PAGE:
While I was on sabbatical, all the rage on Kickstarter and Indigogo was the new $5 IoT board. To my surprise I was contacted by Randolf from Onion to see if I would do a writeup on their new product. So in the interest of full disclosure, they sent me a free Omega2+ board and the expansion dock. As always I will remain unbiased and give my honest review.
The Omega2 is sold as a $5 IoT board that combines the form factor of a small arduino while giving it the power of a Raspberry Pi.
The Omega2 comes in 2 versions, the one I got was the Omega2+ that comes with a 580MHz CPU, 128MB of Memory and 32MB of storage on board. It also has a microSD slot. The current retail price of this is $9.
The lower version(Non +) is the same but has only 64MB of Memory and 16MB of storage. It also does not have the MicroSD slot. The retail price of this base version is $5.
The boards run Linux and come with a skinned verison of OpenWRT which alone is incredible for the price, but the real kicker is that it comes with onboard WiFi! You read that right, no more extra dongles required!
So, on paper this board seems to good to be true, lets see how it works in some real applications.
Well the first thing I noticed, which I found annoying for prototyping, is that this board does NOT have a voltage regulator on board. And it runs on 3.3V which means you HAVE to use an external regulator, even to power it from USB.
I was lucky enough to be also sent what they call an "Expansion Dock" which comes with an onboard regulator, but at a price of $15 we are now sneaking up on Raspberry Pi A+ territory in terms of pricing. Here is a picture of the Omega2 in the expansion dock:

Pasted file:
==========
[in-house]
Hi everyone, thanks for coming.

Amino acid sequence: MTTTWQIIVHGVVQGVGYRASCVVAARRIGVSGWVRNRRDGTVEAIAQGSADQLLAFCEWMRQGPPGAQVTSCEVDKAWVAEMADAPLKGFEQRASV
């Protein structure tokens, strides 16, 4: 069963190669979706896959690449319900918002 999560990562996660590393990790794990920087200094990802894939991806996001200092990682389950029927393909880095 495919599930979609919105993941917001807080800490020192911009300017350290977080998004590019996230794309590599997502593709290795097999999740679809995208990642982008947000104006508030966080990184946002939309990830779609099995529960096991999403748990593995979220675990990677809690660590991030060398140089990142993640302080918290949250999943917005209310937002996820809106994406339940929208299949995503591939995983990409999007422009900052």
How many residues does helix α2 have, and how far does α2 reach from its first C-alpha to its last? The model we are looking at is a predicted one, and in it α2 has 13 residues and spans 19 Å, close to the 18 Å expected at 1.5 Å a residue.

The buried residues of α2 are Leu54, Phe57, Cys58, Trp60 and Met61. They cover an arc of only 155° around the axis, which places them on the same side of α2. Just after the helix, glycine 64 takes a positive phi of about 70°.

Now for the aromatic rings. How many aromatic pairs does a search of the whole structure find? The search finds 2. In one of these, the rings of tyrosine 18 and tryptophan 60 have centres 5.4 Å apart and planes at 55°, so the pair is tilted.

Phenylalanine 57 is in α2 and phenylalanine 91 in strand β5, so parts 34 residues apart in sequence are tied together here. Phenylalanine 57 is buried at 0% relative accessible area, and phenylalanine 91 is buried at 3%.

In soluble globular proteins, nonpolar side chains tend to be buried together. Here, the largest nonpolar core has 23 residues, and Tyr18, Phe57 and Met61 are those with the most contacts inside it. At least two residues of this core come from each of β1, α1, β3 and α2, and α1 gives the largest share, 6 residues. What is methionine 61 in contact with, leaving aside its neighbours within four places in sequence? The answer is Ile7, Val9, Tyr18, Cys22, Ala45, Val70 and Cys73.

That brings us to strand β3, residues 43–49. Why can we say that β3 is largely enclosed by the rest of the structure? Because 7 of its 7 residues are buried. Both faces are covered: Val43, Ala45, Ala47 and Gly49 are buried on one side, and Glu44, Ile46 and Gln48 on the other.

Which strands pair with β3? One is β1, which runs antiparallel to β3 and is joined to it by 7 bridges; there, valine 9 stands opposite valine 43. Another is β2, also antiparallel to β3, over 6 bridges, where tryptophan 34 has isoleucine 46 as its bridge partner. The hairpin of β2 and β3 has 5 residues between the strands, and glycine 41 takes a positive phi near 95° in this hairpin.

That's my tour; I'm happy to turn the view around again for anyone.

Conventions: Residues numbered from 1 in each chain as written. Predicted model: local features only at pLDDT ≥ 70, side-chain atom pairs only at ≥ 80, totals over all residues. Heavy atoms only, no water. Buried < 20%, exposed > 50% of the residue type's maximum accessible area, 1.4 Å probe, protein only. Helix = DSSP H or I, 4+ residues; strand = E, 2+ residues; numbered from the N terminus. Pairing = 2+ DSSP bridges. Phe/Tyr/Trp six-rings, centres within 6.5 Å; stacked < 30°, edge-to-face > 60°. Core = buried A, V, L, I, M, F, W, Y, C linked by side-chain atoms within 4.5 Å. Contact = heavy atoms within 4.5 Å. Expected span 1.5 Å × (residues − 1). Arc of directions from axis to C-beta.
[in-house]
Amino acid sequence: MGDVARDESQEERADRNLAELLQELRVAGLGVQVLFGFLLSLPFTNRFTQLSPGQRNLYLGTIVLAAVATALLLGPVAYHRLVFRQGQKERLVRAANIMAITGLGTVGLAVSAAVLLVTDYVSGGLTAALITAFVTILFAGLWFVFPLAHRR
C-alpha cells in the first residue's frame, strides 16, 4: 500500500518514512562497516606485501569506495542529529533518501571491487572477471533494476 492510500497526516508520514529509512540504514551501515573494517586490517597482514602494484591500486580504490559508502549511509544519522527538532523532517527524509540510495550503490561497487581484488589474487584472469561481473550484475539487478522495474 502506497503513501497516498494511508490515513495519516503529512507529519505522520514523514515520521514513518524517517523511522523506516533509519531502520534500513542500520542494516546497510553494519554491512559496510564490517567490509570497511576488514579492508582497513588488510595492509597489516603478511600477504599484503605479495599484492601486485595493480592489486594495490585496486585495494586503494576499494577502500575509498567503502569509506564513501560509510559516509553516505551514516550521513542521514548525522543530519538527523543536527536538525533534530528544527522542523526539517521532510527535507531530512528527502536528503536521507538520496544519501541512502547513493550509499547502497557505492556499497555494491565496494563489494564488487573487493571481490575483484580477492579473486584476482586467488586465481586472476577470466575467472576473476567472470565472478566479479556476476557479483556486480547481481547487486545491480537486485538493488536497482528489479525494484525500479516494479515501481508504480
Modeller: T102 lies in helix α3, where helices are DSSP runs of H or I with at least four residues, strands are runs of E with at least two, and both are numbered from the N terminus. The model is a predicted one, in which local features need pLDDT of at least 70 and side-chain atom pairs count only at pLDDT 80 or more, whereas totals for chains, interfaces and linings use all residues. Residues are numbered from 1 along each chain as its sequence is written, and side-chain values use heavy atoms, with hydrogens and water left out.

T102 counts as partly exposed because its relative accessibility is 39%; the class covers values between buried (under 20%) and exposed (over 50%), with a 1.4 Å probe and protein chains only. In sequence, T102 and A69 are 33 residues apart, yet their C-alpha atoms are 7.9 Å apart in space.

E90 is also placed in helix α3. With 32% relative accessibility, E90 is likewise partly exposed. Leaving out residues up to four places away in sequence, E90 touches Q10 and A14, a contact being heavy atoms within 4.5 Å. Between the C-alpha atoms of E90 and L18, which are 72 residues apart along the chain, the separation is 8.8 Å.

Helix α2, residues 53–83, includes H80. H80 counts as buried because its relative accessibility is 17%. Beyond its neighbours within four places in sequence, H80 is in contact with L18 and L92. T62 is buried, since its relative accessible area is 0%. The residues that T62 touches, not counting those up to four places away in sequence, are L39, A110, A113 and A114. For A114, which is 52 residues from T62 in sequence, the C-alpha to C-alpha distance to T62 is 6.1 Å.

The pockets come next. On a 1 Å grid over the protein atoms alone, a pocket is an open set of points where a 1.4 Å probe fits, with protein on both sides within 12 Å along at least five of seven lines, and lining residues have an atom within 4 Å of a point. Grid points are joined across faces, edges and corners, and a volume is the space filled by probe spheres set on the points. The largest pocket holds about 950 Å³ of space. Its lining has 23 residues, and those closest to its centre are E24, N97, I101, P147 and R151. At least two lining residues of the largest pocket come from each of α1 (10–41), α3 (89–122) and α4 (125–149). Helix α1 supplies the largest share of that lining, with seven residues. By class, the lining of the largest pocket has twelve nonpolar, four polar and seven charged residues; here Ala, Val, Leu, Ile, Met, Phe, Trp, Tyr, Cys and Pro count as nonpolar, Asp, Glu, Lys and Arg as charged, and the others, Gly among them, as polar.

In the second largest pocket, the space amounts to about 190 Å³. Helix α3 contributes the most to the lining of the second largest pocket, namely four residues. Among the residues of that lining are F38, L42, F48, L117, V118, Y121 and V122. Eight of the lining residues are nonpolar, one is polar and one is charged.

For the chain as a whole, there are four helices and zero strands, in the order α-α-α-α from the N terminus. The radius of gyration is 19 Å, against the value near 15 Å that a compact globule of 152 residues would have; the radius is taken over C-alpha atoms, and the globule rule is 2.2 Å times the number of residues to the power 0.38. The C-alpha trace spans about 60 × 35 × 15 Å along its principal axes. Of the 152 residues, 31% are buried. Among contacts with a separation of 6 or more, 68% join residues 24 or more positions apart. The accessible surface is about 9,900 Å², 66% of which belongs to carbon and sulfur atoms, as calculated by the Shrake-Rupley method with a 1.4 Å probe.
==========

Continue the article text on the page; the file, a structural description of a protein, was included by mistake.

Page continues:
Once I had it powered on though, everything else was a breeze. The setup was pretty straightforward but I still have not been able to succesfully connect it to their Onion Cloud. Other than that, all the features worked as expected and I was honestly impressed!
Here is the Pinout for the Omega2:
With just a little bit of more work, I think this board can be awesome for projects that require lots of internet connected nodes! However you do need a few additions. The first and most important one is a voltage regulator! Though at <$1 we can add the LD1117v33 and that still keeps the price point low enough. The last downside to this board is that it does not have any analog inputs, so if your project requires that you will have to shell out for some ADC's as well.
The closest competitor to this board is the Pi Zero, which has more processing power, RAM and GPIOs but it needs an additional WiFi Dongle, a micro usb to USB host cable and is bigger in size. Here they are side to side:
This makes the verdict pretty simple, if you have a requirement for a wifi capable board that does not need high processing power or too many GPIOs then this board is for you.
Overall, I am very impressed and I can honestly say that I will be ordering a few more to use for my upcoming Home Automation project!